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Re: most efficient buffer sort

by serf (Chaplain)
on Dec 14, 2005 at 12:15 UTC ( #516593=note: print w/ replies, xml ) Need Help??


in reply to most efficient buffer sort

I have been a bit naughty in assuming that it's OK to use

my ($first, $sort, $second, $tail) = split(/\s+/, $_);
to replace your:
m/^(\w+)\s+(\d+)\s+(\w+)(.*)$/
Because if you have multiple spaces immediately after $second they will be lost - but as you're putting the data into HTML table cells this shouldn't be an issue.

NB: I used split(/\s+/, $_) and not split(' ', $_) because you were matching /^(\w+), which may just have been for efficiency and anchoring, but I don't know that you didn't need to make sure that there was no leading white space on the line in the input file.

I have not used GrandFather's map because I needed to do quite a lot to the elements returned by the sort (the tests on $sort and the sprintf) and it looked like it was going to be messy and possibly difficult trying to fit it all in there.

I like map, but I tend to shy away from using it for more than the most basic usage - I know 95%+ of the people I've ever worked with who have to deal with Perl would not be able to understand how the map worked, but could all unroll a foreach loop if they needed to change the code after I had moved on to my next contract.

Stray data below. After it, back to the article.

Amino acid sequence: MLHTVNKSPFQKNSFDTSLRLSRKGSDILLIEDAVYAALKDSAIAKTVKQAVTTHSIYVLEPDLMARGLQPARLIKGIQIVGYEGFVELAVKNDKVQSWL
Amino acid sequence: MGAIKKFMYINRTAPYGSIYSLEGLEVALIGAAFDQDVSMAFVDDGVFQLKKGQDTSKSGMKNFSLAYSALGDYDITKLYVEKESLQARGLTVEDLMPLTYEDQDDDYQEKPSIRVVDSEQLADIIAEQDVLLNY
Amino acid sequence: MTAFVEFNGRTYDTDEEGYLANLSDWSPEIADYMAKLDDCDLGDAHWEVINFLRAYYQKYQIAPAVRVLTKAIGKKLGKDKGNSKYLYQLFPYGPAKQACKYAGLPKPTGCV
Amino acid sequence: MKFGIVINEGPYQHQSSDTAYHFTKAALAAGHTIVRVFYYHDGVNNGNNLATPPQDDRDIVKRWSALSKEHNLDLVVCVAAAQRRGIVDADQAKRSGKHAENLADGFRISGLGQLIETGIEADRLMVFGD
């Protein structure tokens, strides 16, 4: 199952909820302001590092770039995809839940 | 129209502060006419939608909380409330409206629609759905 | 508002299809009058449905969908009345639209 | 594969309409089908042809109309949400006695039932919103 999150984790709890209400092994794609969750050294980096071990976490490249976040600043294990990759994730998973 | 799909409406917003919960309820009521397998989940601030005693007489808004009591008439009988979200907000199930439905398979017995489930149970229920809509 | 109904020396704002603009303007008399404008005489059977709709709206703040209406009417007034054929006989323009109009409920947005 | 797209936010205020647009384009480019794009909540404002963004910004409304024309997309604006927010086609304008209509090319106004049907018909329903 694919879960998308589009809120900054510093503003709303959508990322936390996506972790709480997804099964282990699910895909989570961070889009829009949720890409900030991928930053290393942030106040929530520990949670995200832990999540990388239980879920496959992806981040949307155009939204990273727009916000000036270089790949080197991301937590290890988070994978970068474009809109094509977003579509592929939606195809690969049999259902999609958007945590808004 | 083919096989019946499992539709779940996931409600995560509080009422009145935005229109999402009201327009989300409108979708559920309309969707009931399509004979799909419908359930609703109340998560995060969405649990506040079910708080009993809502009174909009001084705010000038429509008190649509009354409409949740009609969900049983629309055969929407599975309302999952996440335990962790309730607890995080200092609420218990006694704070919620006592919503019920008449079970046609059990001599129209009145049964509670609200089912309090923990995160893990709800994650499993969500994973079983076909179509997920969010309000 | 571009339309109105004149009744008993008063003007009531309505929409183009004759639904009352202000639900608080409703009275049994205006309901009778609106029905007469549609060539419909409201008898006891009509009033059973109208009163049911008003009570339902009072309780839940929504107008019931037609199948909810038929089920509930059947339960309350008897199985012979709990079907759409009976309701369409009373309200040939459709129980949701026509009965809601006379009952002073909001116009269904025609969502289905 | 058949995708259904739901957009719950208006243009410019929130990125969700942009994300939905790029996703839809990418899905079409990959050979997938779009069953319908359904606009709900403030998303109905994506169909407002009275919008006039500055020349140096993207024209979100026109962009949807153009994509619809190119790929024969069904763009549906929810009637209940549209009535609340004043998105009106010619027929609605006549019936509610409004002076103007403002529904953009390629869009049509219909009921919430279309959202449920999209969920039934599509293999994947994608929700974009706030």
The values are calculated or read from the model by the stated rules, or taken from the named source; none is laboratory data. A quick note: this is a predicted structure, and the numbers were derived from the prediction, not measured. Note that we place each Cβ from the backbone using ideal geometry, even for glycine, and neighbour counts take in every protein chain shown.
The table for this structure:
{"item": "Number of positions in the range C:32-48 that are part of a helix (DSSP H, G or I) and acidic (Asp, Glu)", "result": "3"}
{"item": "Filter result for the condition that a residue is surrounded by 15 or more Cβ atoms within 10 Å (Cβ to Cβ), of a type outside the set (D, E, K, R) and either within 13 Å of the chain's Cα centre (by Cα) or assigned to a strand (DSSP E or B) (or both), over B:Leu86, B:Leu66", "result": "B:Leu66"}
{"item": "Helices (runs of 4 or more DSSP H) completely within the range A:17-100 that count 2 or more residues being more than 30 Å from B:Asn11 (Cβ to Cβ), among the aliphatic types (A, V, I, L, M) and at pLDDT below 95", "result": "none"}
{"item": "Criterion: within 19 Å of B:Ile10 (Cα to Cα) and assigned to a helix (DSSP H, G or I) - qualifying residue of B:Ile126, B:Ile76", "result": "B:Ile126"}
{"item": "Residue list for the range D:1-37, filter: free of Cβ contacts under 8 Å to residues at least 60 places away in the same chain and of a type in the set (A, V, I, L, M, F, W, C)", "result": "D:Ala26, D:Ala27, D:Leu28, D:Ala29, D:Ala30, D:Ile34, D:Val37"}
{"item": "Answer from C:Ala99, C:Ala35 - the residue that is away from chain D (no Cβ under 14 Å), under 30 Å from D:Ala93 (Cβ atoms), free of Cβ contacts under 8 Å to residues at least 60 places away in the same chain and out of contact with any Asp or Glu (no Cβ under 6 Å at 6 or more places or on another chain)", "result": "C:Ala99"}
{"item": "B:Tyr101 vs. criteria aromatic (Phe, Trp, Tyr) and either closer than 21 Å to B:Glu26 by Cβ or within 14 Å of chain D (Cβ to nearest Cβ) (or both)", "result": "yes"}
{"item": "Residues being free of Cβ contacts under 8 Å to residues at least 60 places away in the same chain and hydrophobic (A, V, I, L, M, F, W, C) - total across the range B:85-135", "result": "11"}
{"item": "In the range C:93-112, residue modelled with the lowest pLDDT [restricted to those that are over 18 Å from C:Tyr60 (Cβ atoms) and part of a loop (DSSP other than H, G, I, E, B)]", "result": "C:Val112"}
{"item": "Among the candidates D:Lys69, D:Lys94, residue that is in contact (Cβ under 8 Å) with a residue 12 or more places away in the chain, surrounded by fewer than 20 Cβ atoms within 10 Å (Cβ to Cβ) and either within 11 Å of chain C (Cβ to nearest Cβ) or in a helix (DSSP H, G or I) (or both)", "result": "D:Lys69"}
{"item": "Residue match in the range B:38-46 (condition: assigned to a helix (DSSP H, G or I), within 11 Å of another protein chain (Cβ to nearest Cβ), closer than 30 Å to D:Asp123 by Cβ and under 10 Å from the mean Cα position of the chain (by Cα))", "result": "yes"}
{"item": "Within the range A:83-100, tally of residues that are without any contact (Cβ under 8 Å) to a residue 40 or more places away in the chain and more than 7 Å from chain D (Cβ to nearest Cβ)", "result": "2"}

use strict; use warnings; my $buffer; my $input = "input.dat"; my %colour = ( 'lt_90' => '#00FF00', 'lt_180' => '#FF6600', 'gt_179' => '#FF0000' ); my @lines; open( INPF, $input ) or die "Can't read '$input': $!\n"; while (<INPF>) { my ($first, $sort, $second, $tail) = split(/\s+/, $_); if ( defined $tail && $sort =~ /^\d+$/ ) { push(@lines, [$first, $sort, $second, $tail]); } else { # die "Unable to match any lines: $!\n"; # Do you really want to die with $! here? # There wasn't an error, just a failed test, # so $! won't have a relevant message in it. # (I get "Bad file descriptor" YMMV on your OS?) # Perhaps you want something like: chomp(); die "line: '$_' does not match input format\n"; } } close (INPF); for my $line ( sort { $a->[1] <=> $b->[1] } @lines ) { my ($first, $sort, $second, $tail) = @{$line}; my $colour = "gt_179"; if ( $sort < 90 ) { $colour = "lt_90"; } elsif ( $sort < 180 ) { $colour = "lt_180"; } $buffer .= sprintf ( "<tr bgcolor='%s'><td>%s</td><td>%s</td><td>%s</td><td>%s</td> +</tr>\n", $colour{$colour}, $first, $sort, $second, $tail); } print "$buffer";


Comment on Re: most efficient buffer sort
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Re^2: most efficient buffer sort
by Anonymous Monk on Dec 14, 2005 at 12:36 UTC
    Good point re the die statement. It's just habit to put that line in. I've changed it accordingly. Thanks.
Re^2: most efficient buffer sort
by salva (Abbot) on Dec 14, 2005 at 13:06 UTC
    I like map...

    calling die from inside a map block is not a very good idea, it can hit a bug on the perl interpreter that has only recently being corrected:

    for (1) { map { die } 2 }

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